Monday, December 08, 2008

To Pay or Not to Pay?

Recently, an article made its way into the media and blogosphere regarding Port Orchard City Council's consideration of a raise for its mayor. This would increase Lary Coppola's annual salary from approximately $19k for a part-time position, to a full time one commanding $62k plus benefits. The Council would only approve this for the first six months of 2009, extending payment once additional revenue from annexations occurred. The city's hotel-motel tax revenue would be used to fund a portion.

Coppola's rationale for the increase is 50-60 hours a week he spends on mayoral duties versus the 15 allocated for the position. He submitted
a statement including the pros and cons of his request, responding to each in some detail. Other information for consideration includes the salaries of other Kitsap mayors - Bremerton, Bainbridge Island, and Poulsbo. The latter pays Kathryn Quade $62k for a municipality roughly the same size as that of Port Orchard.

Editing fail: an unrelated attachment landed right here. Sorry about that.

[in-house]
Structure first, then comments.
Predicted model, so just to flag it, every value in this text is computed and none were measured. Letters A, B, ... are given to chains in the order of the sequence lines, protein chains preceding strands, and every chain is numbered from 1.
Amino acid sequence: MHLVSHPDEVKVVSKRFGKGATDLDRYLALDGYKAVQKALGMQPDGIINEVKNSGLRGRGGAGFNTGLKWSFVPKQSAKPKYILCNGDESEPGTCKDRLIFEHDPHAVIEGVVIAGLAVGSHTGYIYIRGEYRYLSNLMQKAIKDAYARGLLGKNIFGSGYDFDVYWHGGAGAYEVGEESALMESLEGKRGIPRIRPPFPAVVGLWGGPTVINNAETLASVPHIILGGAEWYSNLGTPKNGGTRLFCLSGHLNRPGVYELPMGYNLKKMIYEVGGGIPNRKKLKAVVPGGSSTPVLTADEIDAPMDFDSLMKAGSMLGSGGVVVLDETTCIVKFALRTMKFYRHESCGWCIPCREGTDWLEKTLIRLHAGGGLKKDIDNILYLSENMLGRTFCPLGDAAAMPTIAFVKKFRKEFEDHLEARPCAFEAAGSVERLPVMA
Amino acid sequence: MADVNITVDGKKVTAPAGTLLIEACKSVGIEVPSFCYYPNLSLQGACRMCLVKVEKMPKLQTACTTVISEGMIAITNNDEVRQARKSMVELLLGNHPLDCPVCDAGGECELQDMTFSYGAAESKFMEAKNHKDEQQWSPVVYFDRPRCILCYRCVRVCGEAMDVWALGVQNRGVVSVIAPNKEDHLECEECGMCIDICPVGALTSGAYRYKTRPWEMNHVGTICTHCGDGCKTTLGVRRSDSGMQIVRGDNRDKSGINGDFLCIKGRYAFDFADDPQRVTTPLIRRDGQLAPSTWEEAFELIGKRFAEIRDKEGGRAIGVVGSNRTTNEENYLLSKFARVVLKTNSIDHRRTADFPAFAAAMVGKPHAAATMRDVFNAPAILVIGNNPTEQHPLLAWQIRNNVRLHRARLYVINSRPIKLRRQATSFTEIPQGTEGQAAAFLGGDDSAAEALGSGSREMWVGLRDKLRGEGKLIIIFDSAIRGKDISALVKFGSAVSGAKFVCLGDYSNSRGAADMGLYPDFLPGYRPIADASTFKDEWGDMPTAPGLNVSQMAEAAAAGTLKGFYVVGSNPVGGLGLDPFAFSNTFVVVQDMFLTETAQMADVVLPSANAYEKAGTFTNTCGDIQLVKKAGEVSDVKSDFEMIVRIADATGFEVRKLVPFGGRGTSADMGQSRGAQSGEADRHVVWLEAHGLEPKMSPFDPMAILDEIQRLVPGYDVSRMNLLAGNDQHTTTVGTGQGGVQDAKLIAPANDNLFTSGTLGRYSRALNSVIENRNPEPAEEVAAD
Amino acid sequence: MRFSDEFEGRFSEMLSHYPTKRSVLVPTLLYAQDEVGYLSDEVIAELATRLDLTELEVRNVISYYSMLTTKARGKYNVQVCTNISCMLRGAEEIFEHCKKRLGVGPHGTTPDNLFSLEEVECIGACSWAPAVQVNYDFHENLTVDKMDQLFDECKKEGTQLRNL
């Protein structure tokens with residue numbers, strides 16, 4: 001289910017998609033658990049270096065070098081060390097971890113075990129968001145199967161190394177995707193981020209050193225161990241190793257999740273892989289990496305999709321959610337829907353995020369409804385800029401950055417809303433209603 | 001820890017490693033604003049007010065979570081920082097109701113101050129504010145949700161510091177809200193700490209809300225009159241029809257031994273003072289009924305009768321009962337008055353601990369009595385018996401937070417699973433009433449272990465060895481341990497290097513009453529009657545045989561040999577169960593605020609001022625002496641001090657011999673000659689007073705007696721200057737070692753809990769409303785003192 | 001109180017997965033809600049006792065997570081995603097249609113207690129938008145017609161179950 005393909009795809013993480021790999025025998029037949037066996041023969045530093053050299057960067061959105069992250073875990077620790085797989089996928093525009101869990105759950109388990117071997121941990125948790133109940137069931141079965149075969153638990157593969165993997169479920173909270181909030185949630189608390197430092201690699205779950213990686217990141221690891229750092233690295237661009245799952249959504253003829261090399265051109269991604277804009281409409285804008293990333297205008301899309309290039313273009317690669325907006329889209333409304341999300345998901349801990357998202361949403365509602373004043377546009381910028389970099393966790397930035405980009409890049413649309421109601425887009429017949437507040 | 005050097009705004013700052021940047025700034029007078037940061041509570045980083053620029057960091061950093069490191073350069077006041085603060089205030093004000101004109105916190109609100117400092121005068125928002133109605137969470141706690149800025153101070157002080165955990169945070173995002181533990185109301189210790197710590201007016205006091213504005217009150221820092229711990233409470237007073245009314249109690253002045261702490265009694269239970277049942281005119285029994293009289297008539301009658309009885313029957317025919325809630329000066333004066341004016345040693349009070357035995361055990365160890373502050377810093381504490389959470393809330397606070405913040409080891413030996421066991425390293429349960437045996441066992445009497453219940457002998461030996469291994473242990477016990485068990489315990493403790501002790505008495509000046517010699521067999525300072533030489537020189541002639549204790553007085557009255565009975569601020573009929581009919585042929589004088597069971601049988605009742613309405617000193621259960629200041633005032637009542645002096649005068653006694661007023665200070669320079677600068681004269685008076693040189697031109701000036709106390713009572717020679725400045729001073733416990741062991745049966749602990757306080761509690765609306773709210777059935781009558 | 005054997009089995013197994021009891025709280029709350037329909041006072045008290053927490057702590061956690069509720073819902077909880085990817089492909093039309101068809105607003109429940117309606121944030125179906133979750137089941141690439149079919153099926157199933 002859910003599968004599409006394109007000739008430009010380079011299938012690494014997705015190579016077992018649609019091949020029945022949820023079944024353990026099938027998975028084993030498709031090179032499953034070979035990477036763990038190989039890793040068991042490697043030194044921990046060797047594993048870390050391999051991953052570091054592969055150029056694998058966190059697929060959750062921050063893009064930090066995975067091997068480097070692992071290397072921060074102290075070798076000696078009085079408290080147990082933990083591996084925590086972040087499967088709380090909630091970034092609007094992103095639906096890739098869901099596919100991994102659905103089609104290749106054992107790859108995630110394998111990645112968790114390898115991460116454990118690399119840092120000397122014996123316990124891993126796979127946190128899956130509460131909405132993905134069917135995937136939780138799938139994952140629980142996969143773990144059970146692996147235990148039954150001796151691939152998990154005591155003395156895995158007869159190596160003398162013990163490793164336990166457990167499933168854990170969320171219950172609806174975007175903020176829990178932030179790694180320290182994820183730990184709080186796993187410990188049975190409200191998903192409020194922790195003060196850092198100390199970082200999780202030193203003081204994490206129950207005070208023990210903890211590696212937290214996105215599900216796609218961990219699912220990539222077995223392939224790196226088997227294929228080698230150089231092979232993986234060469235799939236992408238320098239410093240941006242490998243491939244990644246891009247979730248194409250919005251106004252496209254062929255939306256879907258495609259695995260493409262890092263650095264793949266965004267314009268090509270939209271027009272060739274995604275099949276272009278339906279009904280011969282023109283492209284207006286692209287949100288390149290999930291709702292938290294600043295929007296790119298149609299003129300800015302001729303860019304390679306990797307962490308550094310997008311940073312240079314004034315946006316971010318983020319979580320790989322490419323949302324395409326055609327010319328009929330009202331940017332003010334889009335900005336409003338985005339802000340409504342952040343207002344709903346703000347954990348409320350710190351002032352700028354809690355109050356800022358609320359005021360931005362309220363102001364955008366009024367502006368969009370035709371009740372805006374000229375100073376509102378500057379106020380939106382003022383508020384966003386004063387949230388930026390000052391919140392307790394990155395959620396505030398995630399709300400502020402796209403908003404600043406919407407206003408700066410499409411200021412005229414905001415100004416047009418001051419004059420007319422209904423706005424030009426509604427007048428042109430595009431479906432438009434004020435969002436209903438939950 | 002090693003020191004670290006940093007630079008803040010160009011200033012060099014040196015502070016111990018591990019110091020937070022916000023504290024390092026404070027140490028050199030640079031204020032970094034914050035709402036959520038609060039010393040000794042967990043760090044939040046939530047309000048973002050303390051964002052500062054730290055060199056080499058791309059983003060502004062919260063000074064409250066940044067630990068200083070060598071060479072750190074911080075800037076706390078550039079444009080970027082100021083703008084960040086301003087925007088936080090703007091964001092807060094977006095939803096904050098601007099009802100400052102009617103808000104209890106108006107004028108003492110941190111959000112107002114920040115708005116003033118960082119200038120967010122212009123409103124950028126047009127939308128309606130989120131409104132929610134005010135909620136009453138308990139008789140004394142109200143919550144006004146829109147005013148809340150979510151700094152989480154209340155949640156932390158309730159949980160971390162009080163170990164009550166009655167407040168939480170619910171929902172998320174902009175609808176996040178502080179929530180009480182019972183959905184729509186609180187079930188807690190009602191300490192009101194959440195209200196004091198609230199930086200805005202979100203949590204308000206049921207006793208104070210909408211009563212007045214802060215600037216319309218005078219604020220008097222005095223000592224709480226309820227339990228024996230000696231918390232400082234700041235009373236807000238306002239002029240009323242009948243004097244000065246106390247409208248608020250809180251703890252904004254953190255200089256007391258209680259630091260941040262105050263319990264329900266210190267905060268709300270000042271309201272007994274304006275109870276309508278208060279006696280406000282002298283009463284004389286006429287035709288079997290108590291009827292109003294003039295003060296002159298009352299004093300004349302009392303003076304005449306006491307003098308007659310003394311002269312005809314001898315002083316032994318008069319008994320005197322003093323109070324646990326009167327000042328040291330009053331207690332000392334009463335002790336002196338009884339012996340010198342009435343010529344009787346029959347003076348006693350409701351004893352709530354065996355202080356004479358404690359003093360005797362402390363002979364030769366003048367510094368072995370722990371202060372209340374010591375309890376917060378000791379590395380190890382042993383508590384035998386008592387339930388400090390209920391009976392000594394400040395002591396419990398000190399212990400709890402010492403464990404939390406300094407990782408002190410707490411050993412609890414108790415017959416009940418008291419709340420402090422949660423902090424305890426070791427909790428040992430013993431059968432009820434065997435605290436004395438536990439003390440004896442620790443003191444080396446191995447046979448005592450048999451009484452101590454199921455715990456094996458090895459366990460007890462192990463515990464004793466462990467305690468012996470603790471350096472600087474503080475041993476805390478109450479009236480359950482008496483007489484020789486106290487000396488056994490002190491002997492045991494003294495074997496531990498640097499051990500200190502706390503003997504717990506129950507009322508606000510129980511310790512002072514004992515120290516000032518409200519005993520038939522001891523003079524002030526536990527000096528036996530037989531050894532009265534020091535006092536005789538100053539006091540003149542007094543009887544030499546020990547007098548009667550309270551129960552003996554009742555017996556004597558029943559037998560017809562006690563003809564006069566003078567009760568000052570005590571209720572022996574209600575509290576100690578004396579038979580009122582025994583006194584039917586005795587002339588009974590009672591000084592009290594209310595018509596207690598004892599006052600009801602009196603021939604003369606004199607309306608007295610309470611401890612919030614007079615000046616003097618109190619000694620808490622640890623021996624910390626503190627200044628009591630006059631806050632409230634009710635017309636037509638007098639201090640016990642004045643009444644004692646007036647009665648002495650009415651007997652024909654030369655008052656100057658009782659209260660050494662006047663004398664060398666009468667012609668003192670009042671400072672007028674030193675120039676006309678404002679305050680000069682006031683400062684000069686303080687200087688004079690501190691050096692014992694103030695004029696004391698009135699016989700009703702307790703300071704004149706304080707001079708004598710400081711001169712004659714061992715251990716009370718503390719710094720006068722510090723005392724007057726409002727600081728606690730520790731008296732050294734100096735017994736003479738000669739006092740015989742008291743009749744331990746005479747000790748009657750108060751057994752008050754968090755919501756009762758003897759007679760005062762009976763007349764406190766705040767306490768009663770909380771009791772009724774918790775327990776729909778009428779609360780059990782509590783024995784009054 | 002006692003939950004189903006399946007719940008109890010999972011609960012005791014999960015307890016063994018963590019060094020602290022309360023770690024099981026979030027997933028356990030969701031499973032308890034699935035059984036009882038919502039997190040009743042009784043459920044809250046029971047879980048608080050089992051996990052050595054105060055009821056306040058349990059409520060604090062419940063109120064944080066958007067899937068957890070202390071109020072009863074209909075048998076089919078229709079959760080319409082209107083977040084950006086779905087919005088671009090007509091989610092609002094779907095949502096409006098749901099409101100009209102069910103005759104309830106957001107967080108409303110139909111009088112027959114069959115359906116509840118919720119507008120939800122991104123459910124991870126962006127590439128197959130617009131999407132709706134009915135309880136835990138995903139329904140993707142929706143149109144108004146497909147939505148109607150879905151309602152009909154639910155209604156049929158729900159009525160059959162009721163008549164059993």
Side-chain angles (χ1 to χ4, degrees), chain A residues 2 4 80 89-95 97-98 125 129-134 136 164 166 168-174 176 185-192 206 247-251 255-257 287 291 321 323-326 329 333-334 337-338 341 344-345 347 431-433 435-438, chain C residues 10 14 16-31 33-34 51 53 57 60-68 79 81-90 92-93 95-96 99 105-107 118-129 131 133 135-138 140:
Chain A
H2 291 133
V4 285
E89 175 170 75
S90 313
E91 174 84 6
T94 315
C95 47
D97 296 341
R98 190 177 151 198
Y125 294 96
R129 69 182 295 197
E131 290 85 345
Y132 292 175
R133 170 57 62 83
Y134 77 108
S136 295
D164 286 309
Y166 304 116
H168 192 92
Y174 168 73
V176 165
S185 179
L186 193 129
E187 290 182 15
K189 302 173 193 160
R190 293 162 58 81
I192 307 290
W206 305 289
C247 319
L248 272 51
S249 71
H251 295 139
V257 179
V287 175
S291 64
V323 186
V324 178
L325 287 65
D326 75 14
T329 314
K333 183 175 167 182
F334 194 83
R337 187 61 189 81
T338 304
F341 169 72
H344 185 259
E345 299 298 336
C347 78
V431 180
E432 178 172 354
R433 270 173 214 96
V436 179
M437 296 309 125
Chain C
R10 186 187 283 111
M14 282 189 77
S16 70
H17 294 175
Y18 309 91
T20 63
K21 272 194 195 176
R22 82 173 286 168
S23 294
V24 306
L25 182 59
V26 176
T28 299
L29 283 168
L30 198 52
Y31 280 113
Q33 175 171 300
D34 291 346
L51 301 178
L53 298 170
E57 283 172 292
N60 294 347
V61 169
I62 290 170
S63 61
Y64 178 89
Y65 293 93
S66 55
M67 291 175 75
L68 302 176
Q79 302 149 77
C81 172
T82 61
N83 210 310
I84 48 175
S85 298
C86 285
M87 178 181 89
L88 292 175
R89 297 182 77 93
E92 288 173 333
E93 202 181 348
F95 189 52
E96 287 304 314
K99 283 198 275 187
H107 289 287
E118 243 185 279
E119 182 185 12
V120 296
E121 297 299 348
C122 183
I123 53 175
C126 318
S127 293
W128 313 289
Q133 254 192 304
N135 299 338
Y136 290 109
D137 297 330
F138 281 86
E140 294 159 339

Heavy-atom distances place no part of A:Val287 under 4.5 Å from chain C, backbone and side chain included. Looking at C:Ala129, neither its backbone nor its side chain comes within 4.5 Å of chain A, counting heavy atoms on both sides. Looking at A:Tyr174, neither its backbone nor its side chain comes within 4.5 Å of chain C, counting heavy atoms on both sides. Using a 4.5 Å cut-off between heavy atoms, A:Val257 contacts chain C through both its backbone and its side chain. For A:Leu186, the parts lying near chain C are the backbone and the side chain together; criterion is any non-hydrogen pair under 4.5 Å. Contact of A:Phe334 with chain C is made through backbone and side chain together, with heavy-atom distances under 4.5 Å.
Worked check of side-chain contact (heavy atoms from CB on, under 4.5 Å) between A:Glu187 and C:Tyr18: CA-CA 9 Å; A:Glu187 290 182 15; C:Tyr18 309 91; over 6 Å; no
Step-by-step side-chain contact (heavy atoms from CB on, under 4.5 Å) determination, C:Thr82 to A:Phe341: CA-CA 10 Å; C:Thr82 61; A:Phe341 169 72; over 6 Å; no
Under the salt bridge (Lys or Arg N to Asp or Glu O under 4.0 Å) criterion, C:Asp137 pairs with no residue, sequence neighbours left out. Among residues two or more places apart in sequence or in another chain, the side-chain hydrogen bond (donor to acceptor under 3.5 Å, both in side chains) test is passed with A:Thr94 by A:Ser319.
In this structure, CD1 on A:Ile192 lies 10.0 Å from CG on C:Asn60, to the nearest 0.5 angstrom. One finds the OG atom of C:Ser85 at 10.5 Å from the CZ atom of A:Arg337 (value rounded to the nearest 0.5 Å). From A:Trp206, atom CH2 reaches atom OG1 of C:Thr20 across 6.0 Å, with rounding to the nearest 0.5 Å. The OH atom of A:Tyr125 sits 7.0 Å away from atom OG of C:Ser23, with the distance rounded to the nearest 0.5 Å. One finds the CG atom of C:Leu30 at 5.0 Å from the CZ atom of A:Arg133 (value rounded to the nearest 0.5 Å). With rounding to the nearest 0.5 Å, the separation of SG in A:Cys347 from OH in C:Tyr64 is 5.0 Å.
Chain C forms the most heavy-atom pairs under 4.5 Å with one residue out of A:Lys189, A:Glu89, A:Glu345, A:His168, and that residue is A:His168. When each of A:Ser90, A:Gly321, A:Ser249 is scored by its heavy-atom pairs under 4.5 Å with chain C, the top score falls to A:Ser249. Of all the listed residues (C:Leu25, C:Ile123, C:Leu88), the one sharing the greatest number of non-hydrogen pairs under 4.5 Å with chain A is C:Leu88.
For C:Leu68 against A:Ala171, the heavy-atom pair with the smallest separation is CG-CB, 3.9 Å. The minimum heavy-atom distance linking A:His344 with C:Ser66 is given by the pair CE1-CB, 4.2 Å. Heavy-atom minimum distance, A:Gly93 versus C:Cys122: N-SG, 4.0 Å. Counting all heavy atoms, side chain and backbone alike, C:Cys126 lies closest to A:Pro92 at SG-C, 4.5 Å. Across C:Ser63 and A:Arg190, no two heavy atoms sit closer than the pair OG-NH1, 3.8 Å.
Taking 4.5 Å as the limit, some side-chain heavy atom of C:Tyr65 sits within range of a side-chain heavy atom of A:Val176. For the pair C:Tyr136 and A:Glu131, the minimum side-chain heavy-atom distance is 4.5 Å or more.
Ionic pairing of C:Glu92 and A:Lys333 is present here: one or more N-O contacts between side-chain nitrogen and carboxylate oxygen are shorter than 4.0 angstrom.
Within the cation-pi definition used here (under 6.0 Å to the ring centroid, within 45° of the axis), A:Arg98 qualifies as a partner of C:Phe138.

While we await the Council's vote on the budget this December 9, the overarching discussion is how Port Orchard envisions its future. Leaders and citizens alike should be thinking about what kind of city they desire, as well as the leadership to achieve objectives. In order to fully address these and related issues, dialogue will need to rise well above its existing level. Decisions made now will impact Port Orchard for decades to come. Short-sightedness and petty in-fighting are not options. An upgraded leadership position of this nature could retain candidates who might otherwise depart given business concerns which suffer under the weight of full time mayoral demands. It would also attract a pool of better qualified candidates going forward.

If Port Orchard wants a form of government where its mayor is strong, proactive, and increasingly involved in initiatives, projects, and meetings on its behalf, the position should be full time and paid accordingly. If it doesn't, a viable alternative must be conceptualised and formed immediately. The current expectation that an elected leader spend 50-60 hours whilst being paid for 15 is neither reasonable nor practical. It doesn't matter if "it's been done like this before".

-Registered Voter

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